October 12, 2009

Thoughts on Mindful Living, Part 2. ~ via Rebecca Grazulis

Bailey, the Yogi.

I’ve been thinking a lot about my arch nemesis: the moment. And by the moment, I mean being in it. Apparently, when they were handing out centeredness, I took a pass. No, thanks. Not for me. I’d rather worry about the future. In fact, I think I stood in the obsessive line twice.

This is why I’ve become so interested in yoga, for yoga, as I’m sure you all know, is all about the present. You can’t be concerned about what you’re cooking for dinner, the state of your career, or the fact that it’s difficult to avoid sweatshop products if you’re living on a budget. It just doesn’t work that way. In order to connect with your body, you have to calm your mind.

And this is why I’d like to tell you about Bailey. Bailey is my dog, a totally adorable little schnoodle. When I got Bailey, I had no idea what I was getting into. Don’t dogs sleep all day, wag their tags when you return at night and generally make your life happier?

Yeah, that’s what I thought. Bailey, as it turns out, has a mind of his own. He, of course, does make my life happier, but he’s a crazy little guy who has run the show in my apartment from the day he arrived on the scene.

That, however, is not why I bring him up (although I could write an entire blog about him). I bring him up because if I could harness his particular lifestyle, I’d be an expert yogi. While lacking a great deal of calm, Bailey is all about the moment. He’s always right in it, giving no thought to the past or future. I imagine his inner dialogue goes a little something like this:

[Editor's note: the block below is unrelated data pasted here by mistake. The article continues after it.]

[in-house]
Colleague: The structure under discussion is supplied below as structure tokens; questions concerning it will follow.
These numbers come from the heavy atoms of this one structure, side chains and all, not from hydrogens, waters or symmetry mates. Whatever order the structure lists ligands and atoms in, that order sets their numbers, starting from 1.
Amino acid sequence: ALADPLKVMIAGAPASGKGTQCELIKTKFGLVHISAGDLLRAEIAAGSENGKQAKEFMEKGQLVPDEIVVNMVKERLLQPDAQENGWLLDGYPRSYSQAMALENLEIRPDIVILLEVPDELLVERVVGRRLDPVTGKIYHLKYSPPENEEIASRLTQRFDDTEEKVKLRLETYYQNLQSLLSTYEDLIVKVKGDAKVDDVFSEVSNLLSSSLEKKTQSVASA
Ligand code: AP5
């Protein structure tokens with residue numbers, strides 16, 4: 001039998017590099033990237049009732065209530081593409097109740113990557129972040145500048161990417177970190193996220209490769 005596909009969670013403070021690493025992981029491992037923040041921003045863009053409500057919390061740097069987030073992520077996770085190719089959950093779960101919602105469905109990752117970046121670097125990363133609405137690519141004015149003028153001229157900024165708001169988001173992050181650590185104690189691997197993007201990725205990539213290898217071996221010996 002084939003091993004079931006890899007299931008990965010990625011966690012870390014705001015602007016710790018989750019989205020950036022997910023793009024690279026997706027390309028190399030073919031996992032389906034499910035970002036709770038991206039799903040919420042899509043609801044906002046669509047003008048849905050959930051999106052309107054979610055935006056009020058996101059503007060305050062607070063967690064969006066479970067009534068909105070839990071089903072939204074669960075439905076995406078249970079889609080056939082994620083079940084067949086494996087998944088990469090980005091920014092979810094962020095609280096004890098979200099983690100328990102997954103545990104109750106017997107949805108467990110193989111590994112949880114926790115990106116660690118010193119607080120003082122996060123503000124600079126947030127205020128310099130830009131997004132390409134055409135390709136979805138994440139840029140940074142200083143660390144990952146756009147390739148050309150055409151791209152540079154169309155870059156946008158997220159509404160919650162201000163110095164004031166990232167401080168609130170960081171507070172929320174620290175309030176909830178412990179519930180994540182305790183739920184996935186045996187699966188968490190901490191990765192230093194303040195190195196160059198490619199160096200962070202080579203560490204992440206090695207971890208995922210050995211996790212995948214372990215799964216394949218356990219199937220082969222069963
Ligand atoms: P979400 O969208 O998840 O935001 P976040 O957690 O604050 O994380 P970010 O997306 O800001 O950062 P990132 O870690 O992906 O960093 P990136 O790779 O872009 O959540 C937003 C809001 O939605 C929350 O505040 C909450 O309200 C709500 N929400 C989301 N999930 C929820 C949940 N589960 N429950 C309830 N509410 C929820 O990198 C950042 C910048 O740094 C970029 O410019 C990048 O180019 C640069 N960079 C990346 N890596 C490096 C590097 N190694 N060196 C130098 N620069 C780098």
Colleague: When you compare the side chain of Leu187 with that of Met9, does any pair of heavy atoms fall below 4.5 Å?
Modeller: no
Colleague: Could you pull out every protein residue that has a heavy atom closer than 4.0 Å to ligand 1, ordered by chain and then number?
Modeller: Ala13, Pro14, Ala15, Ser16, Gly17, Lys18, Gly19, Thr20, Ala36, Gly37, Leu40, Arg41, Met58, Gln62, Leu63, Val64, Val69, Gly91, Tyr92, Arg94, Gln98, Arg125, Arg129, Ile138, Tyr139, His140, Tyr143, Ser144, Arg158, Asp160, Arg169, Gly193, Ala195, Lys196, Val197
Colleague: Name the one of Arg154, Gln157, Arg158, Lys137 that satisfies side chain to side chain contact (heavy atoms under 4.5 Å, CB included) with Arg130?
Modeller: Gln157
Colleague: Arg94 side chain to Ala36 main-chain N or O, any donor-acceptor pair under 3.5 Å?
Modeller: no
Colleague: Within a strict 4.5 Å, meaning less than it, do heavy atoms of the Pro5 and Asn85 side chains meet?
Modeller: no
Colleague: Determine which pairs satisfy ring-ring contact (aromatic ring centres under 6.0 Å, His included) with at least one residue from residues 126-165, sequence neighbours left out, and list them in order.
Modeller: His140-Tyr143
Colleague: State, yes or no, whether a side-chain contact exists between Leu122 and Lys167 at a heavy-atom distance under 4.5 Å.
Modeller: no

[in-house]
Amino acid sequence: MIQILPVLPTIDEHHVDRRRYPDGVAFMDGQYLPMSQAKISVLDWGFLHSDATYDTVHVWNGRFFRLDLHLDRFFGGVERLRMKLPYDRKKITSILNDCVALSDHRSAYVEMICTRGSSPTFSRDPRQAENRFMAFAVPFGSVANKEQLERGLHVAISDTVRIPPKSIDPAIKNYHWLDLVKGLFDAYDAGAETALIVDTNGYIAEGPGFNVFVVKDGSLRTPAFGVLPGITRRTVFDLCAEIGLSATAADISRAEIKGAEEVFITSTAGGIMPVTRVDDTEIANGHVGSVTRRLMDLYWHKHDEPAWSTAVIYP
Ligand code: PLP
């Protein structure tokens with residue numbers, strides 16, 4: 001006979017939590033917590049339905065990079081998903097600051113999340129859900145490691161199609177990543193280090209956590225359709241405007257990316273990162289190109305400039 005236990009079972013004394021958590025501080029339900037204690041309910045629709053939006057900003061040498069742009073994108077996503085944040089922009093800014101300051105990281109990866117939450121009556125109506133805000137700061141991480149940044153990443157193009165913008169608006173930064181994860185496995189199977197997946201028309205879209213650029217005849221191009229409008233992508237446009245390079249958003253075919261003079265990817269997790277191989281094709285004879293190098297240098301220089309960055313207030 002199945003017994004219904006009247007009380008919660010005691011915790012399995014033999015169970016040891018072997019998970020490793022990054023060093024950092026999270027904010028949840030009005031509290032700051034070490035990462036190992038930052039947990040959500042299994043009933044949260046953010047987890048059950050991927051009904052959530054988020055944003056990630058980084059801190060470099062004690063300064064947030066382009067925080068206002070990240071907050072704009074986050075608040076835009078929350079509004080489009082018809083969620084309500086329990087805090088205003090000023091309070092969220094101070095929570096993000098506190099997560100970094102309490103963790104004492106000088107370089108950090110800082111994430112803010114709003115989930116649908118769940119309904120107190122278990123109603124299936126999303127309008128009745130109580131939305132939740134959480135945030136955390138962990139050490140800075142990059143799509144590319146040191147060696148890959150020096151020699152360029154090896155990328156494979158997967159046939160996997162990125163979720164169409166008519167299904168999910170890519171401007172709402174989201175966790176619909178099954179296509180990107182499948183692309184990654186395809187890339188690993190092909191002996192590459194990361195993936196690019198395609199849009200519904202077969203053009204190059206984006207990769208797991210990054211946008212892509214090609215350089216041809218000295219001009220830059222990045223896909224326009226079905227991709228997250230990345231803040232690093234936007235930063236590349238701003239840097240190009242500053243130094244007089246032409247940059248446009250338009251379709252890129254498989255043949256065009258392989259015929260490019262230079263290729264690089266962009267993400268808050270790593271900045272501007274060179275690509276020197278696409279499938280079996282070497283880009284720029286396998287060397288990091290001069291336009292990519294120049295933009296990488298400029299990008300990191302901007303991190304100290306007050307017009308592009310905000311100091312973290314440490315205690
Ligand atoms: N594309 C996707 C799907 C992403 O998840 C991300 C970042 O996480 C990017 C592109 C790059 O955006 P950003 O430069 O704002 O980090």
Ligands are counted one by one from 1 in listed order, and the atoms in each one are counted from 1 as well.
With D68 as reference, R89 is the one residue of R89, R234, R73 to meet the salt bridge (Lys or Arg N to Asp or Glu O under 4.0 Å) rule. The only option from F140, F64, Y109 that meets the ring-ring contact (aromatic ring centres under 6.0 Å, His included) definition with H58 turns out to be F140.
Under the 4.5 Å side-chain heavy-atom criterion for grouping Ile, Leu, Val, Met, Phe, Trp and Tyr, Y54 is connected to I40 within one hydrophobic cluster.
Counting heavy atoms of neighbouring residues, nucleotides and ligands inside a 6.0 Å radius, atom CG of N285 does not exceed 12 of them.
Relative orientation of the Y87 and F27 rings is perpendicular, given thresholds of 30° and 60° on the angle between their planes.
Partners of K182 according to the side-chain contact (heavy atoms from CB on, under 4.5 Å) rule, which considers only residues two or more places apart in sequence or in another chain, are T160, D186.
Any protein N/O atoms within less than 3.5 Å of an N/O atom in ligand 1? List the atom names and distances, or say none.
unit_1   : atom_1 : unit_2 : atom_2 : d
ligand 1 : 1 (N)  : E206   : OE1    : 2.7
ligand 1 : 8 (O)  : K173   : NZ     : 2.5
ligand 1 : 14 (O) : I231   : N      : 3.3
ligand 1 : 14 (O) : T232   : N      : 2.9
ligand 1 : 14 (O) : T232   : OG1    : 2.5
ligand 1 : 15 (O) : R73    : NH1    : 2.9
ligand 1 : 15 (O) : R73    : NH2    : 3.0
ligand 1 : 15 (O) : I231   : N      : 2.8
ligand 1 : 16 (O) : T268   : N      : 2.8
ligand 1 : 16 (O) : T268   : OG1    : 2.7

It’s another day! Let’s go outside! Maybe there is something new to see!

And after we go outside,

A treat? That’s a great idea!

And after that,

Here’s my stuffed rhinoceros! Let’s play!

And then,

I’m sleepy. Sleep is nice, especially when I’m sitting on the couch.

Yes, Bailey’s thoughts are frequently punctuated by exclamation points.

Often, I’ve bemoaned the fact that Bailey sniffs everything when we go on a walk. And I mean EVERYTHING. When you have a train to catch, having a dog that takes a half an hour to go around the block will make you quite mad. But when I’m not tapping my foot, I watch Bailey, who will smell a tree, and then abandon it entirely to be totally present with a fence that smells a little suspicious. He doesn’t judge. He just takes it in, giving each experience his complete attention.

I could learn a lot from Bailey, and I have already. So here’s my thought about mindful living today: observe an animal. Then apply what you’re learned.

Did I mention that Bailey loves to sit on my yoga mat? Namaste.

Rebecca Grazulis is a Chicagoan, a vegetarian (yes, you can be both), a wanna-be yogi and a former high school English teacher in a period of career exploration. You can e-mail her at [email protected] or visit her website.

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